Corporate Taxes

Both conservative and “mainstream” media pundits, as well as candidates In the Republican primary debates, assert that U.S. corporations pay a 35% federal income tax rate, “one of the highest in the world.”  After the corporation pays this tax, it distributes dividends to its shareholders, who then pay tax on the dividend.  Capital gains and dividends are taxed at a lower 15% rate, resulting in a net tax of 50% federal tax on corporate profits.  In arguing for lower corporate tax rates and rationalizing the lower rate on dividends, conservatives ask should the federal government get half of corporate profits?

The federal government may get too much of profits but it is not 50%.  The international accounting firm PricewaterhouseCoopers calculated an effective tax rate of 27% in the years 2006 – 2009.  Sixty years of data from the Bureau of Economic Analysis show that the corporate tax rate has declined markedly since World War 2. (Click to enlarge in separate tab)

Using a three moving average highlights the downward trend.  For those in the Ronald Reagan cult, it may come as some surprise to see the “hump” in rates during the Reagan years.

Zooming in on the past ten years, we see an effective tax rate of 30% or less.  Some might explain that the lower average rate is due to smaller corporations who pay less than the 35% tax but IRS data shows that smaller companies who qualify for these lower rates make up less than 10% of corporate profits.

If companies had paid a 35% rate on their profits this past decade, what would they have paid?  Almost a trillion dollars extra in taxes.

When someone mentions the “35% corporate tax rate”, that is the statuatory rate, not the actual rate companies pay.   In 2009, the three year moving average rate had dropped to 21%.  That is a far cry from 35%.  We can have a discussion – or disagreement – about what a fair tax rate is for U.S. companies.  We should at least start that discussion from some realistic data.

Obama Care and Republican Debates

In all the Republican debates, the Presidential candidates vow to repeal the Patient Protection and Affordable Care Act, or Obama Care, pointing specifically to the provision of the bill which mandates that people have health insurance or pay a fine.  Not once can I remember any candidate advocating the repeal of the 1986 Emergency Medical Treatment and Active Labor Act (EMTALA) which mandated that hospitals provide emergency care to anyone regardless of citizenship, their legal status or their ability to pay.  Twenty-five years ago, this law was passed by a Democratic House, a Republican Senate and signed by a Republican President, Ronald Reagan.  The law dictates but provides no funding for its mandate.  Obama Care finally provides a mechanism to fund the 1986 law – a “put up or shut up” provision that a lot of people don’t like.  If Republicans are truly against federal mandates, are truly for more state autonomy, why are they not calling for EMTALA’s repeal?  Although I have not heard Ron Paul recommend repeal of the 1986 law specifically, he has consistently voiced his opinion that the federal government should get out of the medical care business.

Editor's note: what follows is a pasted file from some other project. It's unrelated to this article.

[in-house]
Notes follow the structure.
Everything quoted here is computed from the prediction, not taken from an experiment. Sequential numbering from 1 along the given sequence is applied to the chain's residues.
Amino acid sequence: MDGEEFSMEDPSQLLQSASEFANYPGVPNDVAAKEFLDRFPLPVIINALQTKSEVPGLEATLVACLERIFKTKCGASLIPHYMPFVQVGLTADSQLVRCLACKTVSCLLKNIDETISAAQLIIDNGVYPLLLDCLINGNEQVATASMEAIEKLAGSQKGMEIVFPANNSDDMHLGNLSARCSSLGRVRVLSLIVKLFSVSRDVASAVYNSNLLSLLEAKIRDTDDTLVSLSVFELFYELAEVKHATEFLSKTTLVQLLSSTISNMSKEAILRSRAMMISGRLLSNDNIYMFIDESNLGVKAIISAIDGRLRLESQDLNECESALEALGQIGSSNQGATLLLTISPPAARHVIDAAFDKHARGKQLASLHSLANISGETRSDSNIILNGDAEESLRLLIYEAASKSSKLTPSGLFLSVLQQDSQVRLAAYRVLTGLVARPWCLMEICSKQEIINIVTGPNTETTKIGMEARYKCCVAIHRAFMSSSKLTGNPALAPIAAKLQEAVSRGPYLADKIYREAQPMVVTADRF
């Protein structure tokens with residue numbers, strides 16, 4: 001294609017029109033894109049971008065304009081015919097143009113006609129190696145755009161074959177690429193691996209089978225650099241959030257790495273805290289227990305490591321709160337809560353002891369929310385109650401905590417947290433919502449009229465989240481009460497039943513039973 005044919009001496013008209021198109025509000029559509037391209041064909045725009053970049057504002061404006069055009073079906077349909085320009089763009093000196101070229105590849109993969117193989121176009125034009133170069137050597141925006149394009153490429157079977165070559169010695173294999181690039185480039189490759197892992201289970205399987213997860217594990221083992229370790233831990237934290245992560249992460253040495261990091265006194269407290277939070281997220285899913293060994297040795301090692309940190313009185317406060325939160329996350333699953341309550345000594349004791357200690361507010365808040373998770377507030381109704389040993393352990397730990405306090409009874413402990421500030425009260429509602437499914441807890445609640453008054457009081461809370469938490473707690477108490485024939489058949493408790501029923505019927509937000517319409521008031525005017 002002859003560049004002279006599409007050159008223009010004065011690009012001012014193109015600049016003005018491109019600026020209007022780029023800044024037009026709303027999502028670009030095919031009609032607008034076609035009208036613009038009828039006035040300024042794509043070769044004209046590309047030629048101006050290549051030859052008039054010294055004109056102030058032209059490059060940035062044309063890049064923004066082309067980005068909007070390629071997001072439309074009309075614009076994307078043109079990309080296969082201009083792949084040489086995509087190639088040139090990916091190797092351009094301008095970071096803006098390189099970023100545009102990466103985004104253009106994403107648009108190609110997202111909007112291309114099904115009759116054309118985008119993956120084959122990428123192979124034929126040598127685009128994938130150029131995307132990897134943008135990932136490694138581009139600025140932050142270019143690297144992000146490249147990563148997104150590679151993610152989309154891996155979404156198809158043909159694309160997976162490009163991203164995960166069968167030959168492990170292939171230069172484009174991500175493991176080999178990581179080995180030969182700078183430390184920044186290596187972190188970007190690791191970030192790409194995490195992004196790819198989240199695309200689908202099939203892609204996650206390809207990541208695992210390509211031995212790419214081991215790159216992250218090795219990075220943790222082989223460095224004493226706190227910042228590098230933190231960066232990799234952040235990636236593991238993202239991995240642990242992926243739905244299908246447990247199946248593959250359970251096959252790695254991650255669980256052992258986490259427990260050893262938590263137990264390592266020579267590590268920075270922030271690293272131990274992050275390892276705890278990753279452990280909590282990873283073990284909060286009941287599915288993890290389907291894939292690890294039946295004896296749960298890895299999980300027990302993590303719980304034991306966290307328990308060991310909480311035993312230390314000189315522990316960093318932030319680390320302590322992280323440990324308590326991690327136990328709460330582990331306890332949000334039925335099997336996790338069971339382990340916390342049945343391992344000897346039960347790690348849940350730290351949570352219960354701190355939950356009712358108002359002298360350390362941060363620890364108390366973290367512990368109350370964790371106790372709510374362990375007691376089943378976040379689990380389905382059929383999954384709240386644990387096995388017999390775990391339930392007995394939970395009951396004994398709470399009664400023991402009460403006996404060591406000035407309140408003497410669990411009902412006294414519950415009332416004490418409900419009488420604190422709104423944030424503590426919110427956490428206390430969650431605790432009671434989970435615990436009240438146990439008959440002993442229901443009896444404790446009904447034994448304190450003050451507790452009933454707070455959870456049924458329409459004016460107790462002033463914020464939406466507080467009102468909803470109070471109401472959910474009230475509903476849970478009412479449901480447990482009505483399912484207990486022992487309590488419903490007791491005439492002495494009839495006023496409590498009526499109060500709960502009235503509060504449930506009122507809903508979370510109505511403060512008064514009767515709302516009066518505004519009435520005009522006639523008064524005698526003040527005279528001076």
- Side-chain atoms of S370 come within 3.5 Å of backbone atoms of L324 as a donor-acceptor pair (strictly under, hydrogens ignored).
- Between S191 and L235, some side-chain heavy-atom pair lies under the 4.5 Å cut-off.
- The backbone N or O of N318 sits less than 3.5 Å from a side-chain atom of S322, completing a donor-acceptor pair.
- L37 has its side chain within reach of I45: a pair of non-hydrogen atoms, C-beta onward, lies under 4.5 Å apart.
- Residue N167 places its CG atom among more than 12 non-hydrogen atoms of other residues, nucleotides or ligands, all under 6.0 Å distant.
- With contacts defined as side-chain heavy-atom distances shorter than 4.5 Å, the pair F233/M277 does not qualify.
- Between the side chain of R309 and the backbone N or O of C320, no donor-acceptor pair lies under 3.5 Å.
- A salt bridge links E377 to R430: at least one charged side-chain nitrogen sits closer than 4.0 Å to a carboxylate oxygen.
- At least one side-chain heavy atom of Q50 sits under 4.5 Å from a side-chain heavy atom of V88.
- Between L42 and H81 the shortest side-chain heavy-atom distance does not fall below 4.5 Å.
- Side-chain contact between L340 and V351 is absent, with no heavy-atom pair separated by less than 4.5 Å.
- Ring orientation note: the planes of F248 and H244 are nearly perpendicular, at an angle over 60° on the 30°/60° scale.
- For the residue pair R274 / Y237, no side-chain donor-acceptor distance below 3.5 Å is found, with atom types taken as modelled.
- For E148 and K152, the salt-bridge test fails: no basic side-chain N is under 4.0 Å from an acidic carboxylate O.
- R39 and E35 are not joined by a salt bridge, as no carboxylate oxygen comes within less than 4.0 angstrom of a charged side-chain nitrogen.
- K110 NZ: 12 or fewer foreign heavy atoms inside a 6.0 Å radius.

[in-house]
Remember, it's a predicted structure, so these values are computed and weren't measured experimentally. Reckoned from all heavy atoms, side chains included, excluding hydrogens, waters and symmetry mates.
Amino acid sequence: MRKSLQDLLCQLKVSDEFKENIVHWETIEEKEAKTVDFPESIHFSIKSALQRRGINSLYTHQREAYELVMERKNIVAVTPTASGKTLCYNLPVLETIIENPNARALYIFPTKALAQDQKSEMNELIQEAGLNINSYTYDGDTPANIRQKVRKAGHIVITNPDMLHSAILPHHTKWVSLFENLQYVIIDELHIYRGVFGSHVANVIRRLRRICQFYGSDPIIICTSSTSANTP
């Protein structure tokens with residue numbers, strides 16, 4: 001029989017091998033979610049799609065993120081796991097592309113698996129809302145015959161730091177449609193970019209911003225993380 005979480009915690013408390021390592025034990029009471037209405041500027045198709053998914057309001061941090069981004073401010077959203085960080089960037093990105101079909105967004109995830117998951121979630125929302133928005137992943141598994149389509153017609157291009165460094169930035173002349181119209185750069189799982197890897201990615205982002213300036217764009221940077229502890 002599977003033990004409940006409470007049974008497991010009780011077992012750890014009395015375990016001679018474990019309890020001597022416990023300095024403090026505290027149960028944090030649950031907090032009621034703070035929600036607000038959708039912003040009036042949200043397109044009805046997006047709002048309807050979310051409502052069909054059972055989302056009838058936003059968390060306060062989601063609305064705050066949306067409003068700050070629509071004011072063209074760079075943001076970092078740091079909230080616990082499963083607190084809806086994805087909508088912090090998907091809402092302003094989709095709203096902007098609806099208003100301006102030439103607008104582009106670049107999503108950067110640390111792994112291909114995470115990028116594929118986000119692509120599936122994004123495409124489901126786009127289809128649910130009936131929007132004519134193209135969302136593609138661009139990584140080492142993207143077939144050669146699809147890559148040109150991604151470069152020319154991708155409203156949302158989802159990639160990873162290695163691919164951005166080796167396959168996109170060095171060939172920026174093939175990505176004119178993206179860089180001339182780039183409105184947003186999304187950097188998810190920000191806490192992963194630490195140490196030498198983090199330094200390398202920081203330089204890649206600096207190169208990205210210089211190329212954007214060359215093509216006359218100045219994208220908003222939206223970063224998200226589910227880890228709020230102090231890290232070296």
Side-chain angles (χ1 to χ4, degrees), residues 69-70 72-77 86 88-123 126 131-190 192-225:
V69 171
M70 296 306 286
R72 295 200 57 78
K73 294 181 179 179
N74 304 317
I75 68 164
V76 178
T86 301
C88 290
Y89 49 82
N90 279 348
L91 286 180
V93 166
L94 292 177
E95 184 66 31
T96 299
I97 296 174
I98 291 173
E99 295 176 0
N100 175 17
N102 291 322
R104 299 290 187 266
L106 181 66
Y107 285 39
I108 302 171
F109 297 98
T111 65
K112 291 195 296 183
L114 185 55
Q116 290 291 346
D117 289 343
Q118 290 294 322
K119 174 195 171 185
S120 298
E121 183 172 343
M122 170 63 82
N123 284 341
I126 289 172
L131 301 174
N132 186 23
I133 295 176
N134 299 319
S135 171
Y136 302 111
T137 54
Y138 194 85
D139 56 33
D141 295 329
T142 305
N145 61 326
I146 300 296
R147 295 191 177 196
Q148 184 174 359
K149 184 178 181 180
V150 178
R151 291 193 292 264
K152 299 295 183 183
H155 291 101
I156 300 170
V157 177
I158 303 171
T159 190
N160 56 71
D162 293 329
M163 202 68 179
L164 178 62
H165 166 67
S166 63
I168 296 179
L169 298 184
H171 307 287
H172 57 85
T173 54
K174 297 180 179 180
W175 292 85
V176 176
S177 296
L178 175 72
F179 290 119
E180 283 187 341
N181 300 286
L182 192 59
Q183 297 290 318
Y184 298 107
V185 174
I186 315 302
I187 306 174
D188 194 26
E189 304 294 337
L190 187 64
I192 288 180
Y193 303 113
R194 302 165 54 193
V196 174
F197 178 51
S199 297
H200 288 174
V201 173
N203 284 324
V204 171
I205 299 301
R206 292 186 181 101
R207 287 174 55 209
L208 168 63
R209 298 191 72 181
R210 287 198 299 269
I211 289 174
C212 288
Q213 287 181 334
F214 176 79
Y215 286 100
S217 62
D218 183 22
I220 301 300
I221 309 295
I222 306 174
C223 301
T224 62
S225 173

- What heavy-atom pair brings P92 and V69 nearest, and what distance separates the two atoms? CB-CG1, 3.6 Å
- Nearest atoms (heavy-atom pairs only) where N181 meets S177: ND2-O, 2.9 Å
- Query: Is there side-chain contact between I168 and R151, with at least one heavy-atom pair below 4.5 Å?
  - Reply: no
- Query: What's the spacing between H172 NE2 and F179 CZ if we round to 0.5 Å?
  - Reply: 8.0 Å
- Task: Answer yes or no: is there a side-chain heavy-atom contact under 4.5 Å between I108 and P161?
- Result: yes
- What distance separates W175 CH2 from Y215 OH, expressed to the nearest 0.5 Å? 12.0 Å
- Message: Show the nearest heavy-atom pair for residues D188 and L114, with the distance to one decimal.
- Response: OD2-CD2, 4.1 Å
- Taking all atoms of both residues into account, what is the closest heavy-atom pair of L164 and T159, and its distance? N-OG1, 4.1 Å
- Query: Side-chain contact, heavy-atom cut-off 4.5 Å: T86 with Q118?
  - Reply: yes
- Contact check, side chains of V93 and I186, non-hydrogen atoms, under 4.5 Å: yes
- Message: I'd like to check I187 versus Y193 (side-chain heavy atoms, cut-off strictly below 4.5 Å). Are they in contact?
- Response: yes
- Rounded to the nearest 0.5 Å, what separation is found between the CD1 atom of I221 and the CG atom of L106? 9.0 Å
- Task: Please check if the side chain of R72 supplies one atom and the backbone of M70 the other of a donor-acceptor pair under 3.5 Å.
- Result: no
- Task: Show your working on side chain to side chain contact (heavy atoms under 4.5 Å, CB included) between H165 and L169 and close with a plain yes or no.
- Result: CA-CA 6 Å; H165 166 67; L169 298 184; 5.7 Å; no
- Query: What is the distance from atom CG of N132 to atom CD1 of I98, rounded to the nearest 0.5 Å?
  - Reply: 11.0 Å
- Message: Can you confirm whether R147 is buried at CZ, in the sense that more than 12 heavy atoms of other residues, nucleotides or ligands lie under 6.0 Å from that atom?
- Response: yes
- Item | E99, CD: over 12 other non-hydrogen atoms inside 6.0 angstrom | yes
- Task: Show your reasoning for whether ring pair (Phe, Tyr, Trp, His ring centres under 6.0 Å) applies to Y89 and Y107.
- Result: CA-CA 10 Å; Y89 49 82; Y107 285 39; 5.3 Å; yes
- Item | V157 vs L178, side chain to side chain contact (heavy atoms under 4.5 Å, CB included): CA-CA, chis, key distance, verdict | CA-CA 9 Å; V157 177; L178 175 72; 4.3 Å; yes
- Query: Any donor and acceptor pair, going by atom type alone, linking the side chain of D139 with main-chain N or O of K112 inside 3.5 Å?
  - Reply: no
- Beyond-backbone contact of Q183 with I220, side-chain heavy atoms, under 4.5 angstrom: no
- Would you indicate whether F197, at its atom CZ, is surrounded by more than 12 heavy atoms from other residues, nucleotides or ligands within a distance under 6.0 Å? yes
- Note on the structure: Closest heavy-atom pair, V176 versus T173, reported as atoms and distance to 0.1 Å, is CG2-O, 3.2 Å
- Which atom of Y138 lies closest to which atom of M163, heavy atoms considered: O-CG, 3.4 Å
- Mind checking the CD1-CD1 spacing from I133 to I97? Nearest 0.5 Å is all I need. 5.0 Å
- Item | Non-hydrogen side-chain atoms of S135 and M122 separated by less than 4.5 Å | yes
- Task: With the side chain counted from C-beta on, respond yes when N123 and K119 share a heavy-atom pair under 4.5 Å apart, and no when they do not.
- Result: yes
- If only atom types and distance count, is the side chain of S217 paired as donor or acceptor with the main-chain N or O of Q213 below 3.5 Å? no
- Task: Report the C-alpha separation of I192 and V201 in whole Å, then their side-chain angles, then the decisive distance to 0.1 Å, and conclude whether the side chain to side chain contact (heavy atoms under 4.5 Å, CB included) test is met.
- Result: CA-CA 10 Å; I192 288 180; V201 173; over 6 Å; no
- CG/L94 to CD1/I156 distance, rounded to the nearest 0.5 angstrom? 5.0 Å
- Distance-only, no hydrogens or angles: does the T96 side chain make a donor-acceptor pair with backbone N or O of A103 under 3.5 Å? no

The health care debate is part of a larger issue.  Are we as a people prepared to put up or shut up?  Should hospitals be forced to treat patients?  If so, how to pay for it?  Should Congress be allowed to pass these unfunded mandates?

“Repeal and replace” is an argument I have heard frequently.  Replace with what?  Last March, Bloomberg analyzed various Republican proposals to replace Obama Care and found that it was mostly hot air, saving far less money than the lofty claims.  Again, I ask – are we going to put up or shut up?  Is Ron Paul the only Republican candidate who shows a consistent adherence to principle?  Have we become a nation of people who elect only those politicians who tell us that it really is possible to have our cake and eat it too?  

Recession and the Presidency

On Tuesday, President Obama will give his annual State of the Union address to Congress and the nation.  This past Saturday, South Carolina chose Newt Gingrich, the former Speaker of the House, as the front runner in their Republican primary.  In three grassroots states, Iowa, New Hampshire and South Carolina, primary voters have chosen three different Republican contenders who are vying for the Chief Executive Office.

For the past 150 years, every President except Lyndon Johnson, Jack Kennedy and Bill Clinton has had to contend with recession during their tenure. (NBER Source)  Every Presidential contender promises that they are going to stop the vicious business cycle that inevitably leads to recession.  With the advent of “JIT” – Just In Time Inventory – increasingly adopted by businesses and their suppliers in the mid to late 90s, recessions were pronounced a thing of the past.  No more would there be an excess build of supply by the nation’s businesses, leading to a sagging economy when product demand inevitably fell.  Advances and investments in technology enabled businesses to respond quickly to fluctuations in demand.  As the milennium approached, it was truly the dawning of a new age.

What was dawning was the advent of a secular bear market, a long period of time when the market falls for a few years, struggles up again, then falls, then rises again as fear and hope compete against one another.

A few weeks ago, I noted that in the middle of 2011, we had finally come out of an almost four year  recession.  This was not the official National Bureau of Economic Research end of the recession.  That happened in the middle of 2009.  This mid-2011 recession end was the “How It Feels” variety as real GDP finally gets back and surpasses the level it was at before GDP started its decline.